Glass frogs are appropriately named for the transparent skin on their belly, making their organs visible. Fleischmann’s Glass Frog, also known as the Northern Glass Frog, is a small, delicate frog, 2-3.2 cm in length, with light green skin with yellow spots and fine black flecks. It has a short, rounded snout and gold irises with horizontal, elliptical pupils, and its eyes point forward. It has small suction pads on its toes. In addition to its distinctive upper side, it can be best identified by its underside, in which a white sheet of guanine covers its heart, upper liver and also wraps around its digestive system. Different species of glass frogs have different organs visible.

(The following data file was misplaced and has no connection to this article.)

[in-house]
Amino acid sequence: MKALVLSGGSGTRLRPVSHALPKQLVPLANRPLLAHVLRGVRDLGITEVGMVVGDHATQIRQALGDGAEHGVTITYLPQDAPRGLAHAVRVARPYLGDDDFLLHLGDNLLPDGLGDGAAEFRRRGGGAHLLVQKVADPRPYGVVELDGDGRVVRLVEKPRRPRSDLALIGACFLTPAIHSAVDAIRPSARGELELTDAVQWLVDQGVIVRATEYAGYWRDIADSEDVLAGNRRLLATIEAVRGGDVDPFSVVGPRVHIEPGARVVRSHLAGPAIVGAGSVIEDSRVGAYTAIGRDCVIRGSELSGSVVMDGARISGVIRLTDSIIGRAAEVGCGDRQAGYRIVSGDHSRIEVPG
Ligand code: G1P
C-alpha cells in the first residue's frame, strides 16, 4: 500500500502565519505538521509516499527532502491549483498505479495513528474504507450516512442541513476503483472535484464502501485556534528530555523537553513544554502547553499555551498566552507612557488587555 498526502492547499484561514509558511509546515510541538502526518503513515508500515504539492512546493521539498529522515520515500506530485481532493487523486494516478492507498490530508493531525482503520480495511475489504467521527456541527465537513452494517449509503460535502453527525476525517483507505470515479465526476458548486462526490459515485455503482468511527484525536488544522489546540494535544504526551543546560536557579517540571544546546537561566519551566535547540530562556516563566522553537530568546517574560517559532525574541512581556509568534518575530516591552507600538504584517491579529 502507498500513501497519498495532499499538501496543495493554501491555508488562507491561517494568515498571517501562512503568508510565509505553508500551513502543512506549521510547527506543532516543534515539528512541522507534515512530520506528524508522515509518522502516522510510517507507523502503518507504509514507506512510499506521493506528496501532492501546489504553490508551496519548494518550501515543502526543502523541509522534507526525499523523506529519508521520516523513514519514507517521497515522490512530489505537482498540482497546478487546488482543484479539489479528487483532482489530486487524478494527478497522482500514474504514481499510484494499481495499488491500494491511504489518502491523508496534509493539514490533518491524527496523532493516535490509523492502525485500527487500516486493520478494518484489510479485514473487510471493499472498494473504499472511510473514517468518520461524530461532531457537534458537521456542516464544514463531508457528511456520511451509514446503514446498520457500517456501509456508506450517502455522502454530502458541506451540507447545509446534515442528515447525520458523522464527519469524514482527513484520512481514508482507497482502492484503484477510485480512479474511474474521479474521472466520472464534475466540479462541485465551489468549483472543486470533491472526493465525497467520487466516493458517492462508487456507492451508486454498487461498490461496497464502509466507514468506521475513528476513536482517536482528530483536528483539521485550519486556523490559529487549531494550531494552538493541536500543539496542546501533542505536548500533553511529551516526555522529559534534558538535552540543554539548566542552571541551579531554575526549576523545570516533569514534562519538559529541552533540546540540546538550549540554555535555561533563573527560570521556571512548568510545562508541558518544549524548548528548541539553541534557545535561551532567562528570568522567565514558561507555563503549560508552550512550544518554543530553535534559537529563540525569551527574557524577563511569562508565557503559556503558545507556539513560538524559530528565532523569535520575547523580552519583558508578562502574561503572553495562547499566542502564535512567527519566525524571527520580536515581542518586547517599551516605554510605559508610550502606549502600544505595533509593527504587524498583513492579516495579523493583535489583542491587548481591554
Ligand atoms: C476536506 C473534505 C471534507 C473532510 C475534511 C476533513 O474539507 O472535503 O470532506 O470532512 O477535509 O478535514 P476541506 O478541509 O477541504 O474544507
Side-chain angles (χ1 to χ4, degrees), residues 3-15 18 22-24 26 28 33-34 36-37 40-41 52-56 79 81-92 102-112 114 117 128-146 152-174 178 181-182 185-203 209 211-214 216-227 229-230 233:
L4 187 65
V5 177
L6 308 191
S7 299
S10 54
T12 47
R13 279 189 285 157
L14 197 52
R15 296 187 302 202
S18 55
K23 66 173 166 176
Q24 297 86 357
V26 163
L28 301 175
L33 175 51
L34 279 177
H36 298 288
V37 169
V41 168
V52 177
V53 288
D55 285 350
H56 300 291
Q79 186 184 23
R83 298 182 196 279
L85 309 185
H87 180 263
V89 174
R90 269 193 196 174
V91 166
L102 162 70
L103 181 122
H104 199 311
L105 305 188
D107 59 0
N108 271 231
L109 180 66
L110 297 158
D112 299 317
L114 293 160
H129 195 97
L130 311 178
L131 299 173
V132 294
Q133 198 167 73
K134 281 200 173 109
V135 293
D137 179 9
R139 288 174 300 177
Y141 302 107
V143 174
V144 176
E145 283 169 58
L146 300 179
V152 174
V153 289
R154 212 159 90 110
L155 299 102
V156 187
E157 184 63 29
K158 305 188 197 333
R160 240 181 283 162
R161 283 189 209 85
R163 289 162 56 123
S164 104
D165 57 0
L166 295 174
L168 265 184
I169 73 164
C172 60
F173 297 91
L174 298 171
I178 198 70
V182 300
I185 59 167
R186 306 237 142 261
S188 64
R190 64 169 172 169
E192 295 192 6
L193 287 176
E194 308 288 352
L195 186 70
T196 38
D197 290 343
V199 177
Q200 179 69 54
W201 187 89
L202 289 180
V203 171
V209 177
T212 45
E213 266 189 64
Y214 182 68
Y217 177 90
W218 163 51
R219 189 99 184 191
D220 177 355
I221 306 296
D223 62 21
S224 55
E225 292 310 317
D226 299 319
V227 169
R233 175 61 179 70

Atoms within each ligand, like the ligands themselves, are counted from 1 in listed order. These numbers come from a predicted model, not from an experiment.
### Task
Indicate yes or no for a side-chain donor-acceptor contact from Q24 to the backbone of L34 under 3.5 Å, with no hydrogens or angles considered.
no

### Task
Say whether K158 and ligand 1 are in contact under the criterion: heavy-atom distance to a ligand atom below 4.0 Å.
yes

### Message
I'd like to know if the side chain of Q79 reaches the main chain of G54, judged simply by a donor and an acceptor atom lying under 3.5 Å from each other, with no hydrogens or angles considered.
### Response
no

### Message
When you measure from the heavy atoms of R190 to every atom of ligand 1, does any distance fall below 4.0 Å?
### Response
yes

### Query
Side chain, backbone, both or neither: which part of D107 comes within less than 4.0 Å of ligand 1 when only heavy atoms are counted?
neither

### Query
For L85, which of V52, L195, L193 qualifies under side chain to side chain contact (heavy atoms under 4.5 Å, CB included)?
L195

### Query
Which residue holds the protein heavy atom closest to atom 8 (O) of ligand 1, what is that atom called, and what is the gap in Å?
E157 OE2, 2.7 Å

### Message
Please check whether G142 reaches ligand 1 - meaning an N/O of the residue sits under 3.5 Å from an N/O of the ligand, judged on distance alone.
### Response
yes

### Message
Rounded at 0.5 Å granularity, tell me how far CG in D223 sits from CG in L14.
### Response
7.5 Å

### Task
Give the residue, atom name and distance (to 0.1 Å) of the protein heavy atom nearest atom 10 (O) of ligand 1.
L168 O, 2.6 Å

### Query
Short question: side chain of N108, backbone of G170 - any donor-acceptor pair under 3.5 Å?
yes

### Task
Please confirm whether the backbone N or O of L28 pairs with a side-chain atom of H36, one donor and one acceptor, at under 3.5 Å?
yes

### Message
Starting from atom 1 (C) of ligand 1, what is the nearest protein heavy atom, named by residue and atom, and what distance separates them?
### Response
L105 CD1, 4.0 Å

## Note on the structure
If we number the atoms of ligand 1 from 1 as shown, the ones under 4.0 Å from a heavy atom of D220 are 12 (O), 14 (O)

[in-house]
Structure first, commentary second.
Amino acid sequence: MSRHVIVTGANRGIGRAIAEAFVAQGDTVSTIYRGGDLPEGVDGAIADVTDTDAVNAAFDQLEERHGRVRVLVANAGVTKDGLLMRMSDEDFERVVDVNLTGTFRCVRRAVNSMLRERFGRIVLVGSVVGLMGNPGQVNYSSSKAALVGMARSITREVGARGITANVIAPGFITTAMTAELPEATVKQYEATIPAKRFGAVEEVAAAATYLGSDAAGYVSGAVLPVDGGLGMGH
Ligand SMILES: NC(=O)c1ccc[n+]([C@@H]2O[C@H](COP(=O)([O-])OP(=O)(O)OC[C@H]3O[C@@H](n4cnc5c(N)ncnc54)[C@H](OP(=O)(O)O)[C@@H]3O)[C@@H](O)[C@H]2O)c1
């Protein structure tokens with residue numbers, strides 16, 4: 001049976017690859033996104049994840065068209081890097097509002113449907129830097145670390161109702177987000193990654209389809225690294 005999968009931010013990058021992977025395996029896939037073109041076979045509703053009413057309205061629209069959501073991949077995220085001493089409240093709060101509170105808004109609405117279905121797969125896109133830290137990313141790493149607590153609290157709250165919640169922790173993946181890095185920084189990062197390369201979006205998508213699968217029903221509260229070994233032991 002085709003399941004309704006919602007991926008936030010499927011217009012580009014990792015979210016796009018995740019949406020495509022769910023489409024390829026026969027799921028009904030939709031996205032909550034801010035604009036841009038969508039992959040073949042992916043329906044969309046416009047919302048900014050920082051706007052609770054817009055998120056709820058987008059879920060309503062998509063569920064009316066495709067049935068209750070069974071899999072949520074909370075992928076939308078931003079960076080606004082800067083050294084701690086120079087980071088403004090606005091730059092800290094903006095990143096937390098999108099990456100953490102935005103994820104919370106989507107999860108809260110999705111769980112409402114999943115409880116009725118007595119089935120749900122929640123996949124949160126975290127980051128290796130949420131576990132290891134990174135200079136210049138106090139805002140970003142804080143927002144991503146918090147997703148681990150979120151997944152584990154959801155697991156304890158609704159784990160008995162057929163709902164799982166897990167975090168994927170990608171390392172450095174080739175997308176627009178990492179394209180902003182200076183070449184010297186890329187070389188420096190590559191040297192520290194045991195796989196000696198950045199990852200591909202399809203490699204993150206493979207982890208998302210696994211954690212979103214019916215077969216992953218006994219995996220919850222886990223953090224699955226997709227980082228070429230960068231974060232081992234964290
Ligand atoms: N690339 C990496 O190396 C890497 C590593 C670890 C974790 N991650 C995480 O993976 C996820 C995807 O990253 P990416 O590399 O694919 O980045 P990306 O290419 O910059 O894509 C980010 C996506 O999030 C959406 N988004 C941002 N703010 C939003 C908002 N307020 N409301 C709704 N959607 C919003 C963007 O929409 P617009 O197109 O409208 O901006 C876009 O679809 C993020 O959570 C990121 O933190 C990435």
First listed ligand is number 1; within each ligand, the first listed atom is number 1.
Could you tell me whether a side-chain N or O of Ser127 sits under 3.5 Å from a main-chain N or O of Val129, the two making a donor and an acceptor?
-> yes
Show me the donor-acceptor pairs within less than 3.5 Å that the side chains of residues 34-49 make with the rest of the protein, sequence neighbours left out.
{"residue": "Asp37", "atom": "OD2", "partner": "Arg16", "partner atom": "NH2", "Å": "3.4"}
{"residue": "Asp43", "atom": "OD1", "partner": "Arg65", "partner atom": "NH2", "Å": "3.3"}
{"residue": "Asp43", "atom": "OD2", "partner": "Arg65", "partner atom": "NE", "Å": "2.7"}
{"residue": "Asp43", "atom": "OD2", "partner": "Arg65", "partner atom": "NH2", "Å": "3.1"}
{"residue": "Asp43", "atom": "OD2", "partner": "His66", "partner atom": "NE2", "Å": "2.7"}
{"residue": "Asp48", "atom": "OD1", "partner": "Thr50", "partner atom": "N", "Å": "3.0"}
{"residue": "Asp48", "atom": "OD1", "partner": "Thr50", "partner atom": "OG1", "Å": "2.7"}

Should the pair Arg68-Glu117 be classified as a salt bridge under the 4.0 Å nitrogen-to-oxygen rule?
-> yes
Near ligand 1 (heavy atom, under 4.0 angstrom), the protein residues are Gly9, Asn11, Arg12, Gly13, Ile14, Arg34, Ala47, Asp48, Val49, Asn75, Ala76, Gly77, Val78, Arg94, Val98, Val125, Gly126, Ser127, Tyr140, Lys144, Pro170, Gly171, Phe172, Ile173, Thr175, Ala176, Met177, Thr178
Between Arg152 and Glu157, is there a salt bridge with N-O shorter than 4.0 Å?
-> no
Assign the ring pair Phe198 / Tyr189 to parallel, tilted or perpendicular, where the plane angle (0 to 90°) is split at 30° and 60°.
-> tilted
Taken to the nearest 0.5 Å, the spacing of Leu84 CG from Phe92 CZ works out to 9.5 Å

Fleischmann’s Glass Frog is found in the humid lowland, montane and subtropical forests from Mexico to northwestern South America. It is one of the most widespread species of glass frogs. It can be found in shrubs and trees along forest streams; it requires good vegetation growth, and is found in primary and secondary growth forest. It is nocturnal and arboreal. During the day these frogs hide on the underside of leaves. At night, they emerge to feed and males search for mates. They eat flies, spiders and other small invertebrates.